Crossing the Bridge: The Sound of Istanbul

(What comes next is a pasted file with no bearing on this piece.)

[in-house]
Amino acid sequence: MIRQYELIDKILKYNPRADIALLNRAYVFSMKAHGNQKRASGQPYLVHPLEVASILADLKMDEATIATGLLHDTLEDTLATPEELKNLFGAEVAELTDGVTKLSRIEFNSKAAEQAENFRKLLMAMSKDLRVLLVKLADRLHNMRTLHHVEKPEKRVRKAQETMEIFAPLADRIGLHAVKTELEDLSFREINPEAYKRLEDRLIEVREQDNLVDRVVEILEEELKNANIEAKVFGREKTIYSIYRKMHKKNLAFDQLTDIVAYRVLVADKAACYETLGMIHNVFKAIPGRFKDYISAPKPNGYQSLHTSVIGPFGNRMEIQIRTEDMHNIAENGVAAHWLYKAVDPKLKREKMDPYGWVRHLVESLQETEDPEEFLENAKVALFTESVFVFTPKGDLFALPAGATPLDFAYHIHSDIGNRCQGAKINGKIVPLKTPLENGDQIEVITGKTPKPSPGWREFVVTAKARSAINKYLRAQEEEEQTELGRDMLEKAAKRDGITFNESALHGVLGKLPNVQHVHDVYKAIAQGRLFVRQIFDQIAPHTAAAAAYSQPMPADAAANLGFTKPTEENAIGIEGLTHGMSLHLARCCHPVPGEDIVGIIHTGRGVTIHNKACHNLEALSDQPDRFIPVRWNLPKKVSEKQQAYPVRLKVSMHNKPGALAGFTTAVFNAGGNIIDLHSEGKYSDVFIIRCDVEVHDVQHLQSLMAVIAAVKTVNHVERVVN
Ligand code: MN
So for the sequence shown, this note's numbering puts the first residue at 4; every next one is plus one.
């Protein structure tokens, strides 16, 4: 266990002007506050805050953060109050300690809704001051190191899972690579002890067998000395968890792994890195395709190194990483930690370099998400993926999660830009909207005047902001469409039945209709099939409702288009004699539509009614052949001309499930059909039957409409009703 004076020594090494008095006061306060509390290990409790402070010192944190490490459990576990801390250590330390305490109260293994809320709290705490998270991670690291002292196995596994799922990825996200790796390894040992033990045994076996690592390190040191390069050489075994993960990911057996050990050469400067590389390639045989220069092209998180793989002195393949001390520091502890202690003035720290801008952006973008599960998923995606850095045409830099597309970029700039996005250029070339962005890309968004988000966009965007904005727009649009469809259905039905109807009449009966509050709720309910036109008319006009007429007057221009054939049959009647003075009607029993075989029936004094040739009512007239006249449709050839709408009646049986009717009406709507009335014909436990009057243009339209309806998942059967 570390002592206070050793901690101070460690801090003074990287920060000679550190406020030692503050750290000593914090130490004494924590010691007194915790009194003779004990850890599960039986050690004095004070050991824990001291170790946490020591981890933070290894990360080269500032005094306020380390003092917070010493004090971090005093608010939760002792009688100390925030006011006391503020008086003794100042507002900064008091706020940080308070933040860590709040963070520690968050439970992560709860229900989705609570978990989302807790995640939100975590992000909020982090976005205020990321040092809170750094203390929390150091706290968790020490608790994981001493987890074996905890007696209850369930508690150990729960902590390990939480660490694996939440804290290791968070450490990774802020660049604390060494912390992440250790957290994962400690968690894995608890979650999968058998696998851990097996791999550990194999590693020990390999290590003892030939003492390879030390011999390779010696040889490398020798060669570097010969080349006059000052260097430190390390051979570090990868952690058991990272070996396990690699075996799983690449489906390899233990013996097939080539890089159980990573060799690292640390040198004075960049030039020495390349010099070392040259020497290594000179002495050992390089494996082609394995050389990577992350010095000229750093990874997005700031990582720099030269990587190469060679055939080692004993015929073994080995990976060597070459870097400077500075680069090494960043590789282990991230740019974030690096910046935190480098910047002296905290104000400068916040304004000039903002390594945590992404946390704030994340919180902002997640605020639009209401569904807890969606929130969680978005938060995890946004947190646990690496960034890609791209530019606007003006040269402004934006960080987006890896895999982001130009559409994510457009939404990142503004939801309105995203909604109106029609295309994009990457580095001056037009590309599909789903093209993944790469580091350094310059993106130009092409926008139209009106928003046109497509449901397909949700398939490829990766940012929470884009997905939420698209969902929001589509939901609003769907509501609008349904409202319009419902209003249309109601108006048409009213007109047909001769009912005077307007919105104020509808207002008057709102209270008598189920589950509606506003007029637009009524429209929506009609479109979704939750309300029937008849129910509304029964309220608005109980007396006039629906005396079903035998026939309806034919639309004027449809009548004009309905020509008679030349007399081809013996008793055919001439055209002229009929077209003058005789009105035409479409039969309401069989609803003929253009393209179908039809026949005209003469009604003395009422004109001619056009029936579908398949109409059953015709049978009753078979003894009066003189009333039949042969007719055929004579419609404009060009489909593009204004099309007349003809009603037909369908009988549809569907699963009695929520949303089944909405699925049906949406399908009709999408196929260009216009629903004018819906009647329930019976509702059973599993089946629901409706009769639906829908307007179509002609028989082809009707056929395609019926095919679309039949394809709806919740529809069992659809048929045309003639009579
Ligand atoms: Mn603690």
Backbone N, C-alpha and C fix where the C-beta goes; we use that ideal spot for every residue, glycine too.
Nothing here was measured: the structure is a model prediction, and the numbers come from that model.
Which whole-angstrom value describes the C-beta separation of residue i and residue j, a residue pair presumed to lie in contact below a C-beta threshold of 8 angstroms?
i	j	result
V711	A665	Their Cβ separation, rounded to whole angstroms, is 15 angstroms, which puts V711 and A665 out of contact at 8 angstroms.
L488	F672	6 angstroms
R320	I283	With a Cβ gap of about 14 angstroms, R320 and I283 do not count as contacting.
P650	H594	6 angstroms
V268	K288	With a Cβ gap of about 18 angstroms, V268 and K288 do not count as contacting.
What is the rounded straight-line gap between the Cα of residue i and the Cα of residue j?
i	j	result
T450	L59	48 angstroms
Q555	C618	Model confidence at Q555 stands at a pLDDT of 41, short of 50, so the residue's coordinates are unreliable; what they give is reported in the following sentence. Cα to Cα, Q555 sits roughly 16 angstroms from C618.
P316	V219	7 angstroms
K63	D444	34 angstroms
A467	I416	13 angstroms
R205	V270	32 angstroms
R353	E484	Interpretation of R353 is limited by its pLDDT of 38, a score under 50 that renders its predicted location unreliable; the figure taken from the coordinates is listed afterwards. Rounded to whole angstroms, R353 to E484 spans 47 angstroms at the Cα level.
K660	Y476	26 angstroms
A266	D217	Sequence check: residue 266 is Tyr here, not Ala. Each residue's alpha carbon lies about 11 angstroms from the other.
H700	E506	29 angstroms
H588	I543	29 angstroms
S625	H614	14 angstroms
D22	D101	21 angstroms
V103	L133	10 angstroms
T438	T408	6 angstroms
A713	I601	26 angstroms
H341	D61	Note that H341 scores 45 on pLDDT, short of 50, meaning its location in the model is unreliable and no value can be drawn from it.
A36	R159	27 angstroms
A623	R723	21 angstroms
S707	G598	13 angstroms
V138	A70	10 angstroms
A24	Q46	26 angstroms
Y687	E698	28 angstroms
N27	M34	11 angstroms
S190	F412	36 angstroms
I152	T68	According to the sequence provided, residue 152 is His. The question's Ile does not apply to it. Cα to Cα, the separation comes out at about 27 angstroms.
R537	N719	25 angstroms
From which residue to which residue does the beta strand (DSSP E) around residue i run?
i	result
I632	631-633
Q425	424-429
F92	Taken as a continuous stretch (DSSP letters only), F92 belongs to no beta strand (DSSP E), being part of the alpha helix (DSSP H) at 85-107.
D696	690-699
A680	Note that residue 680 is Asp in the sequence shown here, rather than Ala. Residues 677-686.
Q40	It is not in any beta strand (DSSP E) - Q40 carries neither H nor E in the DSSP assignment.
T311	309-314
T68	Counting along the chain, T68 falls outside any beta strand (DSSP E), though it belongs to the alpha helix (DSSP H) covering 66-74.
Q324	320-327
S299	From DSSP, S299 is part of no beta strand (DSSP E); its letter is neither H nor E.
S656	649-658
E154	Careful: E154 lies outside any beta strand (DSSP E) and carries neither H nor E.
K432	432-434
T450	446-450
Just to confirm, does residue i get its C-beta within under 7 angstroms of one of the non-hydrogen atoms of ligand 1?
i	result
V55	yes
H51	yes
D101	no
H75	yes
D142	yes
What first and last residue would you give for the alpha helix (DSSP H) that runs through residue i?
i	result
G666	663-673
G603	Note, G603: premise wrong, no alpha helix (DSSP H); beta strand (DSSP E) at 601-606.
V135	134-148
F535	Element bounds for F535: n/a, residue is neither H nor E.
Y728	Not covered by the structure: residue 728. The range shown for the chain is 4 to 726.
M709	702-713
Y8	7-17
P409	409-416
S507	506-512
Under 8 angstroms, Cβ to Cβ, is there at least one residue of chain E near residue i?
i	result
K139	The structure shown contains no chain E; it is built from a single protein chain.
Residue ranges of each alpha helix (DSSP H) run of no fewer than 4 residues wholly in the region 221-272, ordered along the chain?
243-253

The discussion of Akin's 2005 film Crossing the Bridge: The Sound of Istanbul revolves around the stereotypical image of Istanbul as the bridge between two cultures or, as Thomas Winkler puts it, between "all cultures, all points of the compass, and influences" (2005), thus highlighting the Western fascination with Asia as the ultimate Other and the perception of Turkey and the Turks as the external Other. Many critics focus on Istanbul's unique location as the "Eurasian frontier post" (Grofi 2005), as the "Turkish metropolis at the intersection of Europe and Asia" (Behrens 2005)—a city of border crossings, visions, and new syntheses. Interestingly Akin's "Istanbul self" is less often evoked than one might expect. Yet Christiane Langrock-Kogel and Hans-Jurgen Jakobs in Suddeutsche Zeitung Online (2004) explicitly state that with each of his films, Akin has come closer to Turkey and has now embarked on a search for his Turkish self in Istanbul. Others trace Akin's interest in Istanbul explicitly back to his family history (Behrens 2005). In general, however, allusions to Akin's "Turkish German self" are less explicit than before. This probably owes in large part to the fact that, according to Akin's own definition (Durr and Wellershoff 2005), Crossing the Bridge is widely perceived uncritically as a documentary film about the musical culture of Istanbul—a rather problematic simplification that allows for an ethnicization of Istanbul as the "bridge between Orient and Occident."

 
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